Article - Employment Law

Tackling Violence in the Workplace

By failing to protect employees from violent or abusive members of the public or colleagues an employer could be in breach of duty to provide a safe place of work.

Health & Safety

The Health & Safety at Work Act 1974 (‘the Act’) imposes a duty on an employer to provide a safe place of work for its employees.  This means, amongst other things, that an employer has a duty to take reasonable precautions to protect employees from reasonably foreseeable dangers including abuse or violence at work.  A breach of this duty could result in an injured employee claiming damages from the employer.  What would or would not amount to a foreseeable risk is a question of fact in each case. 

The duty under the Act is to take reasonable steps, which, in practice, will differ from case to case depending on the level of risk to which the employee is exposed.  Provided that an employer has assessed the risk, and has implemented adequate precautions to reduce or eliminate it, then the potential for injured employees to claim damages is reduced.  Indeed, it is a requirement under the Management of Health & Safety Work Regulations 1999 to carry out suitable and sufficient assessments and ignorance of the law is no defence.

Constructive Dismissal

The duty to provide a safe place of work is also a term which is implied into the contract of employment.  Breach of this term can entitle the affected employee to resign and claim constructive unfair dismissal.  The breach, however, must be a serious one.  An example would be where the employee draws to the employer’s attention a serious risk of danger, either from a member of the public or from a fellow employee, but the employer fails to promptly and sensibly investigate it.  Once the complaint is investigated, if nothing is done about it, where protective measures could have been taken, then the injured employee may be entitled to treat him or her self as constructively dismissed and claim compensation for loss of earnings and the injury itself.  If an employee informs an employer that they are being bullied by a fellow employee, either physically or verbally, this should be investigated and appropriate action taken which may involve disciplinary action being taken against the offending party.  If the abuse is connected to the individual’s race, colour, religion or belief, sexuality, nationality, sex or disability, then the employee may also have a claim for discrimination and his or her case is strengthened in circumstances where the employer, having known about the abuse, failed to take any action.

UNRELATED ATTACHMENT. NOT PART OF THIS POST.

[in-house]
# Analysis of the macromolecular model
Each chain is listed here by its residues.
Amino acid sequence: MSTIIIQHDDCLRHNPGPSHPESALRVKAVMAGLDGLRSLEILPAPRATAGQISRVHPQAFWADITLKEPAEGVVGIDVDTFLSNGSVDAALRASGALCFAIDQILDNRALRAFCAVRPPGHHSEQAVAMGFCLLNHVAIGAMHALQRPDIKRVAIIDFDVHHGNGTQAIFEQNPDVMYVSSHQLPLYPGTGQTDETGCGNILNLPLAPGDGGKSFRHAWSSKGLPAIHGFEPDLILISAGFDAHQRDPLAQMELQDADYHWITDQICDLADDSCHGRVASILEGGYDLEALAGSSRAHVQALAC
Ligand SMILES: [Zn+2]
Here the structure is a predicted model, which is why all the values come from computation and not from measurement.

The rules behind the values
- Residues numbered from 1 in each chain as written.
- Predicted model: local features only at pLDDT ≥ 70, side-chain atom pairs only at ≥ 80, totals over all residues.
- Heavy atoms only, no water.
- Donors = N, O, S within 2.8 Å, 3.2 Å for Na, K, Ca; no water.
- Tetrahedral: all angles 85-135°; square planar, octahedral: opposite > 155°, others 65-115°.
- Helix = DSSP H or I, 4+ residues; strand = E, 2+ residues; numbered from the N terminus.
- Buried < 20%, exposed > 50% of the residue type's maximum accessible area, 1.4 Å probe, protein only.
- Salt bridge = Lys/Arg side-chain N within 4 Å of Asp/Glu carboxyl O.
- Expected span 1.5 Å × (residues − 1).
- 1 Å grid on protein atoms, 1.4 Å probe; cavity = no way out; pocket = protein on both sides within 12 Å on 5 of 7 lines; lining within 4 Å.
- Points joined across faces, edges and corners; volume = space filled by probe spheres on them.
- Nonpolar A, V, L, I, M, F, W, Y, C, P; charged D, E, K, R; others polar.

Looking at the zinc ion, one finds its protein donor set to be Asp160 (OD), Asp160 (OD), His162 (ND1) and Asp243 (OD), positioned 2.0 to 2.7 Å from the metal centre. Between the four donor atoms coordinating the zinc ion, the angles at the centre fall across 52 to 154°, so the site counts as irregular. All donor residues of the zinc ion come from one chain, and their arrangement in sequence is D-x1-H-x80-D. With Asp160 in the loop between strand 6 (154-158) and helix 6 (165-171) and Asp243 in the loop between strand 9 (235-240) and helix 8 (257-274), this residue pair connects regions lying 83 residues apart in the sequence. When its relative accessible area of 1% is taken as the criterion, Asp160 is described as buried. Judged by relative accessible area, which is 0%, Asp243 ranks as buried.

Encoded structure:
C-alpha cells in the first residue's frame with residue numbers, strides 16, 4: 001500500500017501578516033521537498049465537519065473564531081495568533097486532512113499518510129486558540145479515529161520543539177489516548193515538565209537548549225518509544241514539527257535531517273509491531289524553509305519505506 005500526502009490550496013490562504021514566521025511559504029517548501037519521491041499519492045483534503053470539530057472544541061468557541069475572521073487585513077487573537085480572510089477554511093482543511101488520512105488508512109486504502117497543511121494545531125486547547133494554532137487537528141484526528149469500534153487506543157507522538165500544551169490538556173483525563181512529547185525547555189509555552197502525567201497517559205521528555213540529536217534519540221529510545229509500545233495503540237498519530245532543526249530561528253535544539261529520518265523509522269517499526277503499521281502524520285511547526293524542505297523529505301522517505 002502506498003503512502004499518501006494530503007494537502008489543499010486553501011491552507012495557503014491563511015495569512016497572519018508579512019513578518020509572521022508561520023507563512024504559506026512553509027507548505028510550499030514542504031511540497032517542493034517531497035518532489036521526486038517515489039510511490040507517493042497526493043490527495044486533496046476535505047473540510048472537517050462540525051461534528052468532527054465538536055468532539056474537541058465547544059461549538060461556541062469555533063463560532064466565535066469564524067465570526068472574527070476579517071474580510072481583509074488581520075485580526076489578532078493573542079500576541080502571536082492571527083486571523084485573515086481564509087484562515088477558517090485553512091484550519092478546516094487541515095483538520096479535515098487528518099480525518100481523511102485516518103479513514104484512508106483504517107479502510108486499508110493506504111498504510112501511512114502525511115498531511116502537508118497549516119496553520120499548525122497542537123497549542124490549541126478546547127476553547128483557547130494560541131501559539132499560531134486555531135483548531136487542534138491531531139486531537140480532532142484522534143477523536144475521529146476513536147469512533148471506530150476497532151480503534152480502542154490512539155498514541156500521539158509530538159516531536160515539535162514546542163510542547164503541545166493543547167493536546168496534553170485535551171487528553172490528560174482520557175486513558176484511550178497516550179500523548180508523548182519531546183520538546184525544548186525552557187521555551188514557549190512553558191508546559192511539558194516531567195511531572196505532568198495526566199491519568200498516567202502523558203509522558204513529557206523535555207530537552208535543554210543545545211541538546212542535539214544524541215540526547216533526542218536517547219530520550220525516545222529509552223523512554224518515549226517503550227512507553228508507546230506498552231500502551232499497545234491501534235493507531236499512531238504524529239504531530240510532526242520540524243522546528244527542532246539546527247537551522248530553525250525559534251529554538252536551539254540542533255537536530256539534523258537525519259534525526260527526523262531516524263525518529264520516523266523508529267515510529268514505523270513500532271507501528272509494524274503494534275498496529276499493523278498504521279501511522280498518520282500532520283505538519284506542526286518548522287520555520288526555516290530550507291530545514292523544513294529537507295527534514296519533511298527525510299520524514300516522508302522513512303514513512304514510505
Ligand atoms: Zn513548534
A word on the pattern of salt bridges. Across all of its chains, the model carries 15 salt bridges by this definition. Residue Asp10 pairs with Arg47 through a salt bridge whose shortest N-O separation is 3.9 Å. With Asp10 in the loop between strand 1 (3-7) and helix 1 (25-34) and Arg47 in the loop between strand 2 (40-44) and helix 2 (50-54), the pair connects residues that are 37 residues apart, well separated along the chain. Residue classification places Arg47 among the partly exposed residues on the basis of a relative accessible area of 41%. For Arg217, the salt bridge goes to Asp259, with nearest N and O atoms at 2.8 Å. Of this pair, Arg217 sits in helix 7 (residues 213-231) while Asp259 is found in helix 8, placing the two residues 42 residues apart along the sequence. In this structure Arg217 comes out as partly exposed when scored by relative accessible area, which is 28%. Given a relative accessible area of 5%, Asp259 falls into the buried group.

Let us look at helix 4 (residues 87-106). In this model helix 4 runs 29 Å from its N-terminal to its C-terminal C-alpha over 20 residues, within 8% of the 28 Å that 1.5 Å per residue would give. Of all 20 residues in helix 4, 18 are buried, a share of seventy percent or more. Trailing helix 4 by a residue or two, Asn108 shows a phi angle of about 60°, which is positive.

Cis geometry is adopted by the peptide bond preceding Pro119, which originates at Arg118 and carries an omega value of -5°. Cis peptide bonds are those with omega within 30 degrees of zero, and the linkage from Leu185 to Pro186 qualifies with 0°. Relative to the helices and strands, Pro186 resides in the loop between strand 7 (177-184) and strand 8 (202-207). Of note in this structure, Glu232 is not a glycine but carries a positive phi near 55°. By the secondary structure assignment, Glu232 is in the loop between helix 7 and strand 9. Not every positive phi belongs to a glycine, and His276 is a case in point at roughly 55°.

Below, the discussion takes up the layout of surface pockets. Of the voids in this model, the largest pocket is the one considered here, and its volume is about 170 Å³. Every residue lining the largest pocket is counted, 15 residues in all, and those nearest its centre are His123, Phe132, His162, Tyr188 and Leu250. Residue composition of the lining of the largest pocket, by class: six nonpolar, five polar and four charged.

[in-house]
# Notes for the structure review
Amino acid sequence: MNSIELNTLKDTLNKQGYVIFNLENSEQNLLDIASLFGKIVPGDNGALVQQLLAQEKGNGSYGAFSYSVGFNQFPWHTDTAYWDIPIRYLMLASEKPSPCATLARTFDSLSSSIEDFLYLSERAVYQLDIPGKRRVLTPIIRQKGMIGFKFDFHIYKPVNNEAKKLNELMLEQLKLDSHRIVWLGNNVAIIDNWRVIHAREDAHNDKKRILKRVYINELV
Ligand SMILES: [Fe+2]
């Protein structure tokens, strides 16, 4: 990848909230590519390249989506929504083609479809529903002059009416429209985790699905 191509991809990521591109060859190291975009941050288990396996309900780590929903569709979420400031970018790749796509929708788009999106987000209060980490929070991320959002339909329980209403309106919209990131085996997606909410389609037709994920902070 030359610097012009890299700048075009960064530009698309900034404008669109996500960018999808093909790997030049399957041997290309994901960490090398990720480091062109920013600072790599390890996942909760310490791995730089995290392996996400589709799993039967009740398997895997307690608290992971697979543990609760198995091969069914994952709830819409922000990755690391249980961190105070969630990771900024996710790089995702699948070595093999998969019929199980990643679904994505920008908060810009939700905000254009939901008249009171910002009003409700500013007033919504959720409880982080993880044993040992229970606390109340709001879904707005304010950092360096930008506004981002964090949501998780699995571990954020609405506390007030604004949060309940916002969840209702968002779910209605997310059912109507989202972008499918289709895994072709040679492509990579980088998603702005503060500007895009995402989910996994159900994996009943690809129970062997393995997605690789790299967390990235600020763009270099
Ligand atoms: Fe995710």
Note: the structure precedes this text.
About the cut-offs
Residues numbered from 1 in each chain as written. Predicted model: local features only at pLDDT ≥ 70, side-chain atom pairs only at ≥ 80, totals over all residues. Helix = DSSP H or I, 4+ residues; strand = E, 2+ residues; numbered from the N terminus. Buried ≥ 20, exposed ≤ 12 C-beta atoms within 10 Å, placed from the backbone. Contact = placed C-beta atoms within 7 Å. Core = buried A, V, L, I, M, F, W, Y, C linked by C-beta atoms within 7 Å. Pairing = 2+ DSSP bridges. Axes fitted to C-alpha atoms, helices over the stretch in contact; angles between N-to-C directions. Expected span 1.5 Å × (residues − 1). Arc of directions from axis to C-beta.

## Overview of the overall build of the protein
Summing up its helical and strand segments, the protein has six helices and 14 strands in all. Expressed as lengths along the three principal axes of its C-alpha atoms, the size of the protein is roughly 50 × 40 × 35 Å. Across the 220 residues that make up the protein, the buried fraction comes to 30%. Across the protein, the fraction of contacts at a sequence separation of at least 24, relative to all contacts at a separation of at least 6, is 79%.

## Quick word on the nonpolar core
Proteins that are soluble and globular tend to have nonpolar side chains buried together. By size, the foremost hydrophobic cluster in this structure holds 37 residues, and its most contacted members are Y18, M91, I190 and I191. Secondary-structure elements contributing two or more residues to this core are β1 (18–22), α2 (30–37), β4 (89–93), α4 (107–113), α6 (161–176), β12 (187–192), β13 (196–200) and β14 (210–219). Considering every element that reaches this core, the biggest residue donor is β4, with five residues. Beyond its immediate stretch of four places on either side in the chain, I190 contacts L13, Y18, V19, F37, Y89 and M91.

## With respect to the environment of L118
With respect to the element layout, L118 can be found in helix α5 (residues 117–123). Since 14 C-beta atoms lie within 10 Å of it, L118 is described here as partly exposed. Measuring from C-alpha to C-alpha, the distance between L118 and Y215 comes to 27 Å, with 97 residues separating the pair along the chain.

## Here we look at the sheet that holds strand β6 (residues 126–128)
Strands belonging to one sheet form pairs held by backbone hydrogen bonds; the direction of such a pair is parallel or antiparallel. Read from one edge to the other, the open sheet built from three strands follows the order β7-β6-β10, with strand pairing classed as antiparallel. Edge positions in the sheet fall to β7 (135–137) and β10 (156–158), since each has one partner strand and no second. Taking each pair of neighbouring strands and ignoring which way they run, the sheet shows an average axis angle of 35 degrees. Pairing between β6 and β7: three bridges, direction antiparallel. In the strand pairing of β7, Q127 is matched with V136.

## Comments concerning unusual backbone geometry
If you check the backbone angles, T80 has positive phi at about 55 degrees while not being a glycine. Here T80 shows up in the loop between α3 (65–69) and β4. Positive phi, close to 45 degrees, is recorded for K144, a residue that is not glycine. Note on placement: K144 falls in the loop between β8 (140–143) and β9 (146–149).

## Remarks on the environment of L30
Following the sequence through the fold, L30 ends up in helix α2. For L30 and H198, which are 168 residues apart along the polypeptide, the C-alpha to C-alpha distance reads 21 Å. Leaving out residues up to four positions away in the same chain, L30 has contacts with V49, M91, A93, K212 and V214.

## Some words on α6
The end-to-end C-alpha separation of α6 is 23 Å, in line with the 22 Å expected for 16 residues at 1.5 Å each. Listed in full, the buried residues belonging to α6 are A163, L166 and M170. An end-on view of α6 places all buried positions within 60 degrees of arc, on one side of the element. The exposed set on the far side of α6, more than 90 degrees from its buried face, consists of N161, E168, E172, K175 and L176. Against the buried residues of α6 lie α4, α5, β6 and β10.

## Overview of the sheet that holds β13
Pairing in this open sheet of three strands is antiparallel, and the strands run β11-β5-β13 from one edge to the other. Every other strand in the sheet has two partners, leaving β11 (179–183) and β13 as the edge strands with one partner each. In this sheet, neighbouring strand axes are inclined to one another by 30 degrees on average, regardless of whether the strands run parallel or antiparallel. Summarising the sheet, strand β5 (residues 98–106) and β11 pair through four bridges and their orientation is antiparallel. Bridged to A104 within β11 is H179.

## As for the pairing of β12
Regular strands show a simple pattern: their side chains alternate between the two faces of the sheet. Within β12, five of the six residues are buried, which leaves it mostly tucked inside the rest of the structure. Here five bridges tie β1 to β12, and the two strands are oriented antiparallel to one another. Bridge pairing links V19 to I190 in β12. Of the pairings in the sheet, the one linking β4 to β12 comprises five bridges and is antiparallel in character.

An employer should consider putting up a visible sign warning customers that staff have the right to work in an environment which is free from abuse and/or violence and that offenders will be prosecuted.  Employees must also be educated that abusive behaviour and/or physical violence will not be tolerated in the workplace.  Motive is irrelevant, so it does not matter whether the guilty employee was fooling around.  The test is wholly subjective so what one person finds inoffensive another may find offensive. 

Complaints should be taken seriously and acted upon.  If the complaint involves another employee, then provided that the employer has investigated the matter as thoroughly as reasonably practicable, and in the absence of a satisfactory explanation from the offending employee, dismissing the abusive/violent employee may well be fair (subject to following fair disciplinary and dismissal procedures).

Refusal to Work

In addition, in circumstances where an employee reasonably believes that they are in serious and imminent danger which cannot be averted, they have a right to refuse to work.  To dismiss an employee where there is a perceived risk of danger, from another employee or a member of the public, could be an unfair dismissal.  In cases where the employee complains of unsafe working conditions, taking protective measures, or refusing to work in the face of the danger, there is no statutory limit on the amount of compensation for this type of unfair dismissal.

Self Defence

The use of self defence is a thorny issue as the law only allows the use of a reasonable amount of force.  What is or is not reasonable force is open to debate and readers will be all too aware of recent publicised cases involving burglary.  The Home Office has issued guidance explaining what reasonable force might mean in a given situation, but this is not clear and it will be for a Court to decide what is or is not reasonable.   A degree of common sense is required and wherever possible walking away from a situation can often be the safest and most prudent course of action rather than risking a violent confrontation.

Article First Published: 5 May 2005


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